Eulogy Virtues

Friday, May 29, 2015

My husband and I are unfortunately at the age where we now face saying goodbye to our grandparents. While we know that we are immensely blessed to have had them with us for so long, it does not lessen the sadness of losing these significant individuals who played huge roles in shaping who we are today. 

As I look back, it’s not hard to understand why saying goodbye is so difficult. My grandparents stand at the head of our family, leading us all by example in the selfless, caring, and Christ-centered way they have lived their lives. To say they are role models is an understatement. They have shaped our family dynamic and I know the ripple effects from their lives will be felt for generations to come.

Facing the loss of those from the “greatest generation", I have become introspective of my own life and how I can help their legacy prosper. A few weeks ago I stumbled upon an enlightening article by David Brooks in the New York Times called “The Moral Bucket List”.  Reading it, several light bulbs went off.

The first aha went off in my head when he stated,
“It occurred to me that there were two sets of virtues, the résumé virtues and the eulogy virtues. The résumé virtues are the skills you bring to the marketplace. The eulogy virtues are the ones that are talked about at your funeral — whether you were kind, brave, honest or faithful. Were you capable of deep love?
Sometimes as I sit at my desk at work, I wonder if I am living out my true purpose in life. How am I changing the world through marketing construction services? Shouldn’t I be doing more with my life? And then I go home and realize how incredibly blessed I am to live in this lovely home with my healthy and happy family. My purpose does not come from my outer identity, but from within, from the deep love that I feel for my family. A love I have always known thanks to my extraordinary grandparents and parents, and a love I try to pour out to my daughter every day of her life. I remember the legacy that my grandparents have handed down to me, which follows a very simple philosophy:
“By this everyone will know that you are my disciples, if you love one another” - John 13:35
This is a philosophy I can live out no matter where I work and gives purpose to every breath I take.

The second aha struck when Brooks stated,
“I came to the conclusion that wonderful people are made, not born — that the people I admired had achieved an unfakeable inner virtue, built slowly from specific moral and spiritual accomplishments. If we wanted to be gimmicky, we could say these accomplishments amounted to a moral bucket list, the experiences one should have on the way toward the richest possible inner life.”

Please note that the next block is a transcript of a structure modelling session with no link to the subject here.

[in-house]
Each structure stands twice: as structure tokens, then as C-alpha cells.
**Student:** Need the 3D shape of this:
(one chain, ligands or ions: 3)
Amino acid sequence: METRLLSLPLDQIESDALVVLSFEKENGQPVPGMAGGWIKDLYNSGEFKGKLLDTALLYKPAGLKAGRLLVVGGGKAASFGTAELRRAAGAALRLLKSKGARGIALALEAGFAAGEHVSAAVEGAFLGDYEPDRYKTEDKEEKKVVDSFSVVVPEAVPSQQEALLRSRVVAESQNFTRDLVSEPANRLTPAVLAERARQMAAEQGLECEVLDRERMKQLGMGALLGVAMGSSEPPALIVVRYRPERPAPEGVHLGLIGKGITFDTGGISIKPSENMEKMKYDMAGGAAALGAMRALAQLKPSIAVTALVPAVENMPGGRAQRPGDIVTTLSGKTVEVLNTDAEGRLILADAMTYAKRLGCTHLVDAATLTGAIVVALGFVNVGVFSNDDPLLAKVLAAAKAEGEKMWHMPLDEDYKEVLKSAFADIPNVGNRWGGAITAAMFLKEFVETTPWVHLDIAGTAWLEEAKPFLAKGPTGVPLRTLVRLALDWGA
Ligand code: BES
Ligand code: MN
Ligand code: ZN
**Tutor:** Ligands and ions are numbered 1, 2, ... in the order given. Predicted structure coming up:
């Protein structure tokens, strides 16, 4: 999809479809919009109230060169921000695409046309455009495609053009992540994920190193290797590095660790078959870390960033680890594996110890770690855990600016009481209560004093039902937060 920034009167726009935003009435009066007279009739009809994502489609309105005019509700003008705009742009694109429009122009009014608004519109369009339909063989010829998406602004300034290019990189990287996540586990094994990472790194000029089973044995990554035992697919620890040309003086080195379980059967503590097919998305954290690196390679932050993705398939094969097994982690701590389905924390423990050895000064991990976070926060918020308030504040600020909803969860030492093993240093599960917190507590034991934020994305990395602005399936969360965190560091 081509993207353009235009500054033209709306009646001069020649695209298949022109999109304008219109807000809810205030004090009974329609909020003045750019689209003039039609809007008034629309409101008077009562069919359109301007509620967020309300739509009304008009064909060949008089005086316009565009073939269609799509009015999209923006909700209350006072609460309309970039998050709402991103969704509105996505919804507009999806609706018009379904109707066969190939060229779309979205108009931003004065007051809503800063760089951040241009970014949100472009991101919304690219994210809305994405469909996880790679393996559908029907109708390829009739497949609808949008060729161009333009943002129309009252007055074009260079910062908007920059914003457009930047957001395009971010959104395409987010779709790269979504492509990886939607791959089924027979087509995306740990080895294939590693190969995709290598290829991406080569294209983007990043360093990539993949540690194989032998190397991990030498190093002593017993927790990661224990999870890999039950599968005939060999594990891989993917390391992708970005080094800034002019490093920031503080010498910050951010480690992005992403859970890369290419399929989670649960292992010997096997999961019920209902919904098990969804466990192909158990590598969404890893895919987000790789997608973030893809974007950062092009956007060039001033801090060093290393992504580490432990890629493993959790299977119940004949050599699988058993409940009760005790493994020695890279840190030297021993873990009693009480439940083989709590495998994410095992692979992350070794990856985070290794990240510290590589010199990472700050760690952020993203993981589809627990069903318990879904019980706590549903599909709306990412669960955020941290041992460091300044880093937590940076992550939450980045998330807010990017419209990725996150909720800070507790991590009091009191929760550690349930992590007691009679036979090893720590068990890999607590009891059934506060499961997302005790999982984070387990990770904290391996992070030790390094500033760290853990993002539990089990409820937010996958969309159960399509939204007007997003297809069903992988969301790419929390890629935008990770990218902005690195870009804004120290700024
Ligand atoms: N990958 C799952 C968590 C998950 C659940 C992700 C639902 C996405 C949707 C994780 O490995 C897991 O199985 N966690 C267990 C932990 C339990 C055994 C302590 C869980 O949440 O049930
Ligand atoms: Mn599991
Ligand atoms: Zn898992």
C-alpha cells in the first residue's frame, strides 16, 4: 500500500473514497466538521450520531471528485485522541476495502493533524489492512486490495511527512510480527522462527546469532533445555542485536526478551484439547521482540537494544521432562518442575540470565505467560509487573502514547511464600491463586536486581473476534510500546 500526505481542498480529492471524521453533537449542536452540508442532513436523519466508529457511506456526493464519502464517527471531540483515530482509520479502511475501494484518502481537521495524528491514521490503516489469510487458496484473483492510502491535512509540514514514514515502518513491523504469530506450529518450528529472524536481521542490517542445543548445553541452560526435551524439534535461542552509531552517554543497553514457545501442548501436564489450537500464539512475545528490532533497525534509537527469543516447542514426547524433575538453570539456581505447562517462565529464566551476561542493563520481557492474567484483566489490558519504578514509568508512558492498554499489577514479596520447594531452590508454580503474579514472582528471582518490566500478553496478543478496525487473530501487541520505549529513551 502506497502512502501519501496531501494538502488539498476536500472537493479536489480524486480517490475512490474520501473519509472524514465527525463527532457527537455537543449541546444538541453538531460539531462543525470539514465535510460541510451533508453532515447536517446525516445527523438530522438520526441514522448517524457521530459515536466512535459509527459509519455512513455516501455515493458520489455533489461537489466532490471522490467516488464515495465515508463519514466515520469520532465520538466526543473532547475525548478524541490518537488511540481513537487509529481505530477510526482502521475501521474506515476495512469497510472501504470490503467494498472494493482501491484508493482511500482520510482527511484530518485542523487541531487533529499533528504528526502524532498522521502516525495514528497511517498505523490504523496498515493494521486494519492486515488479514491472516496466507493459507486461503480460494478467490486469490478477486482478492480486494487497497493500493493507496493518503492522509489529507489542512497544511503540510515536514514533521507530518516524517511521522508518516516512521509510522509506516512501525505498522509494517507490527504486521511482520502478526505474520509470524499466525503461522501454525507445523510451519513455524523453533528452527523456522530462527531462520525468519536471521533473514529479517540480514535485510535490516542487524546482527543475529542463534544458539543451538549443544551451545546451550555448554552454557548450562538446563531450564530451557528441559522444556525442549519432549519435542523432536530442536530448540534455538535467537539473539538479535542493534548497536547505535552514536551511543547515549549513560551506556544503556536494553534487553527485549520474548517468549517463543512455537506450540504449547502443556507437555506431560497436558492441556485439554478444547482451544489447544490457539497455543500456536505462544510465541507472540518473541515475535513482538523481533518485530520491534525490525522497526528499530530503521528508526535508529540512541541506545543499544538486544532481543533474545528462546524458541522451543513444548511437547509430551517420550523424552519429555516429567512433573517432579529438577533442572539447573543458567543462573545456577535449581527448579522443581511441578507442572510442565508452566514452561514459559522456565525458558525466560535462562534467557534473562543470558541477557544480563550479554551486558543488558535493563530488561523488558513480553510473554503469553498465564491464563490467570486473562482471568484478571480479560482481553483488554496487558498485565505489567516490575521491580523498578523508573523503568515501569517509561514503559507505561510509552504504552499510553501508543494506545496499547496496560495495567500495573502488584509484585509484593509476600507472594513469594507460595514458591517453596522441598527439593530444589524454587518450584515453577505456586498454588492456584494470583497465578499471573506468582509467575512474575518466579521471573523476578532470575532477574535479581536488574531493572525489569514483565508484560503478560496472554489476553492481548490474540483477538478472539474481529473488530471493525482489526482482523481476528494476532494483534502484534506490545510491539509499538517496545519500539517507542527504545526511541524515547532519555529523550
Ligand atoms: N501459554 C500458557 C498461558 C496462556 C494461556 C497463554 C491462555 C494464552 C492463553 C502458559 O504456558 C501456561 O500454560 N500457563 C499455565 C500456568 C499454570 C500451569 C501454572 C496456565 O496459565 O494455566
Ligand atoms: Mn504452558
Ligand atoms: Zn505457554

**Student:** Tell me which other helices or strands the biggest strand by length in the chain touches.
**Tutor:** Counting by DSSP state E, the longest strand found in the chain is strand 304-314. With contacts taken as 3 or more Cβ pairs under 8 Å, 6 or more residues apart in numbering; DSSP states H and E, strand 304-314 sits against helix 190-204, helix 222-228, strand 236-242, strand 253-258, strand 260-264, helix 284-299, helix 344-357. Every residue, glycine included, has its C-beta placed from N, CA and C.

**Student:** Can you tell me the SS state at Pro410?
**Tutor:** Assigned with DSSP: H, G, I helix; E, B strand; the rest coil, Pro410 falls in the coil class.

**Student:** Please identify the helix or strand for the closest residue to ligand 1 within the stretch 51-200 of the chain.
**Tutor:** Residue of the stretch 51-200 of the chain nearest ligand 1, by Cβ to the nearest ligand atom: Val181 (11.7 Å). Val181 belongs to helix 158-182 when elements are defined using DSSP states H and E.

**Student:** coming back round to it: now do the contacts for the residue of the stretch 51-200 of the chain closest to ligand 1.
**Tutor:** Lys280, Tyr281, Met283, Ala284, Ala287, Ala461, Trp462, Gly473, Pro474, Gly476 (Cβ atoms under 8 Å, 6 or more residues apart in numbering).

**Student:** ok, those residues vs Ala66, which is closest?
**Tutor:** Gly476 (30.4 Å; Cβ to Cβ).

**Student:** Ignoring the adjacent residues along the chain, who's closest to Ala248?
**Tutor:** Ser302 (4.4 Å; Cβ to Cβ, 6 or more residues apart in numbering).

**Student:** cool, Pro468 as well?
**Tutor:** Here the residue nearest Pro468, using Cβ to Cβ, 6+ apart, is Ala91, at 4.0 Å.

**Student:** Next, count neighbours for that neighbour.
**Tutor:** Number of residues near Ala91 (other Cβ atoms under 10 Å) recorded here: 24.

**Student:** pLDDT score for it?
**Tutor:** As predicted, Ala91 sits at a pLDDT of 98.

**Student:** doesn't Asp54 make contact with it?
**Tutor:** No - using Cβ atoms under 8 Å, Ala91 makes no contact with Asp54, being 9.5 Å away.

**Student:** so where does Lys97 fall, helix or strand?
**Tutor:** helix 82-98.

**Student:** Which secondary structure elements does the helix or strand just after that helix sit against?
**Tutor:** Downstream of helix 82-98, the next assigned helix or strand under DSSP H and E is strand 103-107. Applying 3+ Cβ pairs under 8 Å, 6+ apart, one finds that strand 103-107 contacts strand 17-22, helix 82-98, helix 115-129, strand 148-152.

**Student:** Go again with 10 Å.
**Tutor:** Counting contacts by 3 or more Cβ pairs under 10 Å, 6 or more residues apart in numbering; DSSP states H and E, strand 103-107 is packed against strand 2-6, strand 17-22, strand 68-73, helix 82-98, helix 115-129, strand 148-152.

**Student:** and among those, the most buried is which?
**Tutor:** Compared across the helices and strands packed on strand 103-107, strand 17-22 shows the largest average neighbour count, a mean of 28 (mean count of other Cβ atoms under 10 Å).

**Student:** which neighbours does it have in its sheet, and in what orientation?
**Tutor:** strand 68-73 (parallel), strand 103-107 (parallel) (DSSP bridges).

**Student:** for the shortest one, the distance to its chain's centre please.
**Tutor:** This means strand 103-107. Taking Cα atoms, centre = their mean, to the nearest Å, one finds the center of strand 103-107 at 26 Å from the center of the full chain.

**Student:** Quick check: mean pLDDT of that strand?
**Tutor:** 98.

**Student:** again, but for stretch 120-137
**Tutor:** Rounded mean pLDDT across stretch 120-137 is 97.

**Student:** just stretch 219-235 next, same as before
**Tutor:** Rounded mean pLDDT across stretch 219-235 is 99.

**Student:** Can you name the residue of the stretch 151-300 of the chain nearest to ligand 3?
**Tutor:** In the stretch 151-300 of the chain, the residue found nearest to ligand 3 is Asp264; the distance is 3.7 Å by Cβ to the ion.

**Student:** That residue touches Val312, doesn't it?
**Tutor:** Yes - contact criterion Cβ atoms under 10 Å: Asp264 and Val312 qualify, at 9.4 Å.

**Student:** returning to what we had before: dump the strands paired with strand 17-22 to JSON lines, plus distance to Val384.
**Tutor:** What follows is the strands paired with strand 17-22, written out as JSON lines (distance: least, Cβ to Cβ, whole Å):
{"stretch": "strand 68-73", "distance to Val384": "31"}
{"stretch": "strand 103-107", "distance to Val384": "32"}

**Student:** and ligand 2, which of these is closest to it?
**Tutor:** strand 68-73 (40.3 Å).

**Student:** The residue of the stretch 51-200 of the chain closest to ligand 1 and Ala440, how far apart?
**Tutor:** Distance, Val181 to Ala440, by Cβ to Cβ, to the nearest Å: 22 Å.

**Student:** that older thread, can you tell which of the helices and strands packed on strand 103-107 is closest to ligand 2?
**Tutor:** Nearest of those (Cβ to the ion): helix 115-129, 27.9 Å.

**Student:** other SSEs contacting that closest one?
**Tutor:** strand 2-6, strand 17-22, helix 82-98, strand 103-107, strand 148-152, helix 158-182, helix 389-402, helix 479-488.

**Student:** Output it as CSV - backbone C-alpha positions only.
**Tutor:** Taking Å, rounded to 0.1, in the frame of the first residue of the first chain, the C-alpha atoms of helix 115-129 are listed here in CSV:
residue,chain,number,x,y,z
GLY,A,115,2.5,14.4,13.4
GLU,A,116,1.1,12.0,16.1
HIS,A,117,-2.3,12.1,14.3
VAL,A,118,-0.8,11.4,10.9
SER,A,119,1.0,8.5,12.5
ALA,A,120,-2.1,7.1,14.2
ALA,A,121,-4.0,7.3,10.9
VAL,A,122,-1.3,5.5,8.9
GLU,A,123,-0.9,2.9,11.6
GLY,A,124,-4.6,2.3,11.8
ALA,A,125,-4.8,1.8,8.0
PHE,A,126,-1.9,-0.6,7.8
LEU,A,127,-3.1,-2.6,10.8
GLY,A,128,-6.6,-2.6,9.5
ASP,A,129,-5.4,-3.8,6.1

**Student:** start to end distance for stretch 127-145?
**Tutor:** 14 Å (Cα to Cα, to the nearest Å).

I do not need to figure everything out this very instant. Many times I overwhelm myself trying to make everything perfect, right now. But that is an illusion as there is no such thing as perfection. The more I grasp for it, the further away it is. Instead, if I can focus on the path and learning from each step on that path, I think I will have better luck at finding happiness and peace.

The third aha resulted from Brooks' description of people's lives on the path to inner virtue: 
“Their lives often follow a pattern of defeat, recognition, redemption. They have moments of pain and suffering. But they turn those moments into occasions of radical self-understanding.”
He calls this the philosophy for stumblers. What an insightful way to think about life and our experiences. We’ve all made choices that have affected who and where we are - some may have been positive, others not so much. Instead of only valuing the “good” experiences, what if we instead embrace the experiences that make us good people? And what if some of those experiences are difficult?

For me, I know that I am a better person when I can empathize with others. I am much more willing to forgive someone who screws up if I have been there, done that. Well, I would consider some of my biggest f-ups to be the occasions that have built up my empathetic nature the most. So while I often like to shove those experiences under the proverbial rug and pretend they didn’t happen, I should actually be extremely grateful for them.
As Brooks states, “The stumbler scuffs through life, a little off balance. But the stumbler faces her imperfect nature with unvarnished honesty, with the opposite of squeamishness...The stumbler has an outstretched arm, ready to receive and offer assistance.
The best quality I hope to inherit from my grandparents and pass on to future generations is selflessness. When we stop worrying about our own happiness and instead focus on helping others, a crazy and wonderful thing happens...we end up becoming happier ourselves!

So with that in mind, here is my moral bucket list, my outstretched arm to the world. Hopefully I can make an impact, even a small ripple that will expand and reach out to slowly but irrevocably change the world, so that when my time comes - my eulogy virtues vastly outnumber those on my resume.

  • remember John 13:35 as I sit at my desk (it is now taped to my wall next to my computer screen)
  • be a better listener 
  • increase personal interactions, reduce impersonal (Facebook/Instagram/Twitter, I’m looking at you)
  • pray more
  • be more patient with my family and the imperfect mess of our home
  • hold my tongue and not insert my opinion where it’s not wanted or needed
  • increase giving
  • reduce my negative impacts on the environment 
  • buy new less and reuse more
  • be optimistic in the face of difficulties 
  • let go of anger quickly
  • be honest in my failures
  • always say I love you

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